If you have moved to France in 2023, you will pay two years of tax: 2023 & 2024!! You will pay a bill for 2023 at the end of August in one go and have another bill for 2024 which will be taken monthly from September to December (amount of 2023 tax bill divided by 4). Then from 2025, monthly amounts (2023 tax divided by 12). You can fill in a form now to start paying those amounts monthly from now instead of from September (form 2043) which you can download from the tax office

website. Only do it if you think you will pay tax. For your information, the tax threshold for 2023 for a couple was around 25 000 euro.


Deadline to send or deposit your paper tax form is the 20th of May 2024. The online declaration deadline is the 25th of May 2024 for Departments 1 to 19 (Charente is 16), 1st of June 2024 for

Departments 20 to 49 and 8th of June 2024 for Departments 50 and above (Deux Sevres is 79 and Vienne 86).

What forms:

Hopefully if they have not changed them again this year, these are the forms you might need:


2047: This is the pink form on which you enter your revenue from abroad and you then transfer all those revenues on the blue form called 2042.


2042: The blue form that everyone has to fill in.


2042C Pro: The one to fill in if you are self-employed or if you rent a gîte or chambre d’hôte.


2042C: This is the form you need to say you have an S1 form and avoid paying social charges on interest and to enter the amount of income taxed in the UK (Civil servant pension, Government pensions, rental income from UK- Box 8TK).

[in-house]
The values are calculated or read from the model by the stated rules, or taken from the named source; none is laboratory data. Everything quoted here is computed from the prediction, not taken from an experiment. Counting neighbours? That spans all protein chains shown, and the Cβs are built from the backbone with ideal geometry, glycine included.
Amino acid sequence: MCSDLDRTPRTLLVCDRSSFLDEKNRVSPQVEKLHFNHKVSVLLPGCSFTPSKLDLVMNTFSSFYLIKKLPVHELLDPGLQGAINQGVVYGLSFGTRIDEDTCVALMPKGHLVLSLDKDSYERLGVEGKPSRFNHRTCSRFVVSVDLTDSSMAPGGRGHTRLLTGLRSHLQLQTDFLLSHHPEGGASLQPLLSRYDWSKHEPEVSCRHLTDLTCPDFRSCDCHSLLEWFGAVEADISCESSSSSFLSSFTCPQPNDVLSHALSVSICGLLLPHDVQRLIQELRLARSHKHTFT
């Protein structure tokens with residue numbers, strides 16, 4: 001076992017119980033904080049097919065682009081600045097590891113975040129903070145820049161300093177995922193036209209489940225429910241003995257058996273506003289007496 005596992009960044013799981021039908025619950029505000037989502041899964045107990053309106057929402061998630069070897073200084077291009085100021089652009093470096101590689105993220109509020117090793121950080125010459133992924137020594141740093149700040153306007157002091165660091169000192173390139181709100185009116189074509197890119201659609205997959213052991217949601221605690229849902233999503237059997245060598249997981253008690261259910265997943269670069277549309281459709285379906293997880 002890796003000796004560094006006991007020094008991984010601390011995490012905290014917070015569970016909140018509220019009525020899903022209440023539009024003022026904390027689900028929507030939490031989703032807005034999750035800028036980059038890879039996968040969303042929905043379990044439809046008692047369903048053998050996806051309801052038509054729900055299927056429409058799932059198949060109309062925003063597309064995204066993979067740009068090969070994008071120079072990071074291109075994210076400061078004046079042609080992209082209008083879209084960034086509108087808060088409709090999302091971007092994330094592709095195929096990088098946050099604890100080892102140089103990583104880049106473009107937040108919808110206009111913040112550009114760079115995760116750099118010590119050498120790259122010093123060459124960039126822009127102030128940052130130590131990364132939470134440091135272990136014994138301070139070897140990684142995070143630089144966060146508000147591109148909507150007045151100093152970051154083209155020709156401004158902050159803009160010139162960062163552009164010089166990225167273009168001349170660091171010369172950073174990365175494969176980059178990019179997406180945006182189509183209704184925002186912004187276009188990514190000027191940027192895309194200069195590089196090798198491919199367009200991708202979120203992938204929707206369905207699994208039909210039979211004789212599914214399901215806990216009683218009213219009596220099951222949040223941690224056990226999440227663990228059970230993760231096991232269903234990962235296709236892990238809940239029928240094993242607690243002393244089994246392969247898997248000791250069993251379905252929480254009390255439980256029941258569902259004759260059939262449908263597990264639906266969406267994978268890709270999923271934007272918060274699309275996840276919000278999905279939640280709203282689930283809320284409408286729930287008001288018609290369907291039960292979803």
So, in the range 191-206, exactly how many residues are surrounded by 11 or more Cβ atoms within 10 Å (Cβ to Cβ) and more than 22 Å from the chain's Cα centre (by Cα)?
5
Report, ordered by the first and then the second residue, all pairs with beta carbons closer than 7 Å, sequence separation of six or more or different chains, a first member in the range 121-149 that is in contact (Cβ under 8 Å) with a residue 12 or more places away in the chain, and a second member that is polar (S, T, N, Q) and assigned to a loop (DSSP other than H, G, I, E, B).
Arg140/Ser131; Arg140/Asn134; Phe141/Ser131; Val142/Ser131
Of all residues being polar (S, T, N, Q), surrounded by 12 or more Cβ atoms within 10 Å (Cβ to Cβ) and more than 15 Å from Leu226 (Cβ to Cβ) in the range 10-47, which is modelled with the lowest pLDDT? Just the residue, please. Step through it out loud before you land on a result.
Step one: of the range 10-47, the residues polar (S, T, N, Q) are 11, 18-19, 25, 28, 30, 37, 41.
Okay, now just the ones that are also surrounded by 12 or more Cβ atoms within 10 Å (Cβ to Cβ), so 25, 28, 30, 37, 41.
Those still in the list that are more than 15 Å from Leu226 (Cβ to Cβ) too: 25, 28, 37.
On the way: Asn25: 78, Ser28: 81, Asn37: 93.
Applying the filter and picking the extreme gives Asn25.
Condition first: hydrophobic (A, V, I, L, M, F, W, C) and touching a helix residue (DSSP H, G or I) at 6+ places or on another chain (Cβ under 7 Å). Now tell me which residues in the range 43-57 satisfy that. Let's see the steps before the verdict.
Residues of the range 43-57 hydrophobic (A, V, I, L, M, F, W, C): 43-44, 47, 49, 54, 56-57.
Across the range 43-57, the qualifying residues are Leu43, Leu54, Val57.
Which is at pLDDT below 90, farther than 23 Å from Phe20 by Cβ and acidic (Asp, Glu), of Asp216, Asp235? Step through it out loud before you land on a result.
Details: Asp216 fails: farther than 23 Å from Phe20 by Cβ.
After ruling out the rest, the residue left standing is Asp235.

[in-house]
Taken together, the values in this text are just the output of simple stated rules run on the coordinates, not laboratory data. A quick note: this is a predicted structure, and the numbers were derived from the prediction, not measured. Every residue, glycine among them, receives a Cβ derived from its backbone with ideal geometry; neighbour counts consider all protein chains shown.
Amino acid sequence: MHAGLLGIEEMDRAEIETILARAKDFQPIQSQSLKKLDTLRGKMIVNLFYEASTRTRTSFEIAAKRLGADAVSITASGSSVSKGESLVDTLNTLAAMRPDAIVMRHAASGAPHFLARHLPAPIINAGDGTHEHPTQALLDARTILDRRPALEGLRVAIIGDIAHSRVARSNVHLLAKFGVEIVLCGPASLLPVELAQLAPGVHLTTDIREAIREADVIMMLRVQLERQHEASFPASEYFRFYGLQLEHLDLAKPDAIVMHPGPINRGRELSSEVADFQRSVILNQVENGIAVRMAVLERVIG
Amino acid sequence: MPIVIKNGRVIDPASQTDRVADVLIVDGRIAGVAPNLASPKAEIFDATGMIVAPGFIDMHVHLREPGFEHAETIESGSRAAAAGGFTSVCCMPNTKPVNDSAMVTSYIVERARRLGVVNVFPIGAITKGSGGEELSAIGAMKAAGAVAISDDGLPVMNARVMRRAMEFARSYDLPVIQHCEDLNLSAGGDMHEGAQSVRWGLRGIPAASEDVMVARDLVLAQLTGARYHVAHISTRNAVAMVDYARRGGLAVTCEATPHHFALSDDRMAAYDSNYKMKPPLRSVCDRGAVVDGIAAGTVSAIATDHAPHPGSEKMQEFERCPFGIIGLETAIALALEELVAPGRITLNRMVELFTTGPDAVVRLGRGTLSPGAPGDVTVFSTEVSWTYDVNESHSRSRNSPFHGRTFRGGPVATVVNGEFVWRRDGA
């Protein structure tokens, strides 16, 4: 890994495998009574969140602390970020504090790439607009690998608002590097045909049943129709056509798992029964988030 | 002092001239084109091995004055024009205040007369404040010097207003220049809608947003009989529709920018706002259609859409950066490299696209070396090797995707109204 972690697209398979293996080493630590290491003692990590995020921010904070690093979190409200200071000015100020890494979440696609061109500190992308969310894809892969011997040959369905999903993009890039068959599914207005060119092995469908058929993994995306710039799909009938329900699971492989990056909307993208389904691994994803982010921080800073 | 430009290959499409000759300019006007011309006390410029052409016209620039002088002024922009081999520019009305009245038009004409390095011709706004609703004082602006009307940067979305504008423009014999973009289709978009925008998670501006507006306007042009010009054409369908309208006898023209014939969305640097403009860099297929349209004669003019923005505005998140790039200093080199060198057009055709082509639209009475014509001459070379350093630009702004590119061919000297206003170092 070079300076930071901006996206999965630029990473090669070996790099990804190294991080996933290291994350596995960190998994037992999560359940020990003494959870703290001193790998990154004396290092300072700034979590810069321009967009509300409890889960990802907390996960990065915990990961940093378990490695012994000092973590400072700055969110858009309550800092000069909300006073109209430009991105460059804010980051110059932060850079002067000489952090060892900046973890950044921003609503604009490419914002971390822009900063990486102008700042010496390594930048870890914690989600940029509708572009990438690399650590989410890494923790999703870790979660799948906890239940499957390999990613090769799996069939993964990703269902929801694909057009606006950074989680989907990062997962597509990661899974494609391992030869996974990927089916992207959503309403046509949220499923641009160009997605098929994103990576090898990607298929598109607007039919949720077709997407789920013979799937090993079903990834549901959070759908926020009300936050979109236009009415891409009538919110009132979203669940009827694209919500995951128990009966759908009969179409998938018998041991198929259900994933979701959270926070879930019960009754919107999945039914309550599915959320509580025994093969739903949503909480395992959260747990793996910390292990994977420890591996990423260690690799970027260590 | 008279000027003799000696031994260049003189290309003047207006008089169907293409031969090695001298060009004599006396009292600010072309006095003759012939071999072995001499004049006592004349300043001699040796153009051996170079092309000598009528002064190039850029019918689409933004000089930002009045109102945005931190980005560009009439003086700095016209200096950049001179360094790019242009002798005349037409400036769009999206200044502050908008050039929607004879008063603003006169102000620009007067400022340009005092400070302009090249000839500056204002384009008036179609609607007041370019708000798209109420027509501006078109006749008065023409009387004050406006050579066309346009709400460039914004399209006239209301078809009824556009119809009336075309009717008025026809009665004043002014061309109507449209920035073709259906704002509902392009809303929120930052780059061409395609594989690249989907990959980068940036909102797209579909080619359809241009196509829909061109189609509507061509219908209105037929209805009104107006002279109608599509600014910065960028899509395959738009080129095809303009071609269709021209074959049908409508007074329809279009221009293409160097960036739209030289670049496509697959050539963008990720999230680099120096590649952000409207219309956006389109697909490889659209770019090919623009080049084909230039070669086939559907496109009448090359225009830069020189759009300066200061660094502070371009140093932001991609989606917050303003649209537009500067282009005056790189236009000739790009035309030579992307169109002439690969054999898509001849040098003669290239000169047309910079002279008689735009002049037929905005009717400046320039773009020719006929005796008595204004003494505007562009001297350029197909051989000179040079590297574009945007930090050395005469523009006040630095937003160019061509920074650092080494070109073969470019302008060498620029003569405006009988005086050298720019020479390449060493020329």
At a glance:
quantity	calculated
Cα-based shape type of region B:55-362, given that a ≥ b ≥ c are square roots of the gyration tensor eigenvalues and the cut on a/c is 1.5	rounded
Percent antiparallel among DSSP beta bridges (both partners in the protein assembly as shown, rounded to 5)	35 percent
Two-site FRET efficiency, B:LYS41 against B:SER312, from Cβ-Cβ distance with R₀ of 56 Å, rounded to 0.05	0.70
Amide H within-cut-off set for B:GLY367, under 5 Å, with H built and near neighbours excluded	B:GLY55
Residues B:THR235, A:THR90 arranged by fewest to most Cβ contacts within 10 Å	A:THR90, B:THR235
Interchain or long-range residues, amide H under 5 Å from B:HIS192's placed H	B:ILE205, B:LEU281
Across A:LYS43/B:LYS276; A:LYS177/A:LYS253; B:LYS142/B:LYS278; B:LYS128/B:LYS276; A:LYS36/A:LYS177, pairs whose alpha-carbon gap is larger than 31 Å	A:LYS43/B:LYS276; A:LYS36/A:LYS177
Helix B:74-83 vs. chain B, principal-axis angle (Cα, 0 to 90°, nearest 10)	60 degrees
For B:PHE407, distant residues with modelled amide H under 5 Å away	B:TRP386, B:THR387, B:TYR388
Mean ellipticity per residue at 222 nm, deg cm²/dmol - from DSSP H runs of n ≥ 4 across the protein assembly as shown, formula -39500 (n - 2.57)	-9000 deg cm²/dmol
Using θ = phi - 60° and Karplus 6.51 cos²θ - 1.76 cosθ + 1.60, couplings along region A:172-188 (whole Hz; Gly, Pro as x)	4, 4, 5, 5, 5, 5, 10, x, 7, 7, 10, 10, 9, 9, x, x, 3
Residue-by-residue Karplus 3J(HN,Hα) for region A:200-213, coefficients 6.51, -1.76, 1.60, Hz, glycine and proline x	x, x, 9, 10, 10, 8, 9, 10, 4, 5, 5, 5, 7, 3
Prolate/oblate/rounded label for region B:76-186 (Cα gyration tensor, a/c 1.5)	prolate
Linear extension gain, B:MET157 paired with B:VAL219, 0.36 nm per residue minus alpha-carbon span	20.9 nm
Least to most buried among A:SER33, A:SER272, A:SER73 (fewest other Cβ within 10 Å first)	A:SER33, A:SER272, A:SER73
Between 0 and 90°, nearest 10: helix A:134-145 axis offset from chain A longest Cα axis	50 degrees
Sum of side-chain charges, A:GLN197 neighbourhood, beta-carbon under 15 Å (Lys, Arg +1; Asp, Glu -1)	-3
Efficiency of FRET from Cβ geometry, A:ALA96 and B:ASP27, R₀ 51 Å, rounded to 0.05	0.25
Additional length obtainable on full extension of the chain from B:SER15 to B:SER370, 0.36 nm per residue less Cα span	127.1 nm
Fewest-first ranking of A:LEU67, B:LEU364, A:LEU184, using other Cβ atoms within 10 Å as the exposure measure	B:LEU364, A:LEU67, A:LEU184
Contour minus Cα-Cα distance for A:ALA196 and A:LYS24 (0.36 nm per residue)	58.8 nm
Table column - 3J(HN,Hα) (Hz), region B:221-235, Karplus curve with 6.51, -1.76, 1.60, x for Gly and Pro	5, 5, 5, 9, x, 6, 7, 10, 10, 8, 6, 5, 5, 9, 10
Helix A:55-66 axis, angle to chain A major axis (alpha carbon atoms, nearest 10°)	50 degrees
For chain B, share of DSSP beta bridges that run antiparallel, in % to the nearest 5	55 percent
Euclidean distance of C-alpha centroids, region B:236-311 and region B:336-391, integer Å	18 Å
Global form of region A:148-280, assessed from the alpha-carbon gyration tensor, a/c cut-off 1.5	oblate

2042RICI: To declare tax credit like using a cleaner or gardener or children attending college, lycee or university.


2044: If your rental income is more than to 15 000 euros per year, that is the form to fill in.


3916: To declare your bank account abroad. Failure to do so could carry a fine of 1500 euro per bank account not declared, much more (10K per account) if the account was in Gibraltar, Isle of man,

Panama, basically countries not agreeing to financial transparency. All they want is the name and address of the bank and the account number.


The exchange rate for 2023 is 1.15 (that is the average of last year). Your local tax office can give you an exchange rate, but you don’t have to use it. Use it if it is lower than 1.15!!

If your pension has been directly transferred in euros to your French bank account, just add up all the figures.


What income:

Pensions (even if they are taxed in the UK like army, police, civil servant), salary, interest on savings (even ISA, which are not tax free in France), rental income, dividends, bonds, etc. Basically, anything that has been earning money or making money for you.


Double taxation:

There is a treaty between France and the UK meaning that you cannot be taxed twice.

To avoid being taxed twice, you must fill in this form: United Kingdom/France Double Taxation Convention (SI 2009 Number 226), which you can download from the internet.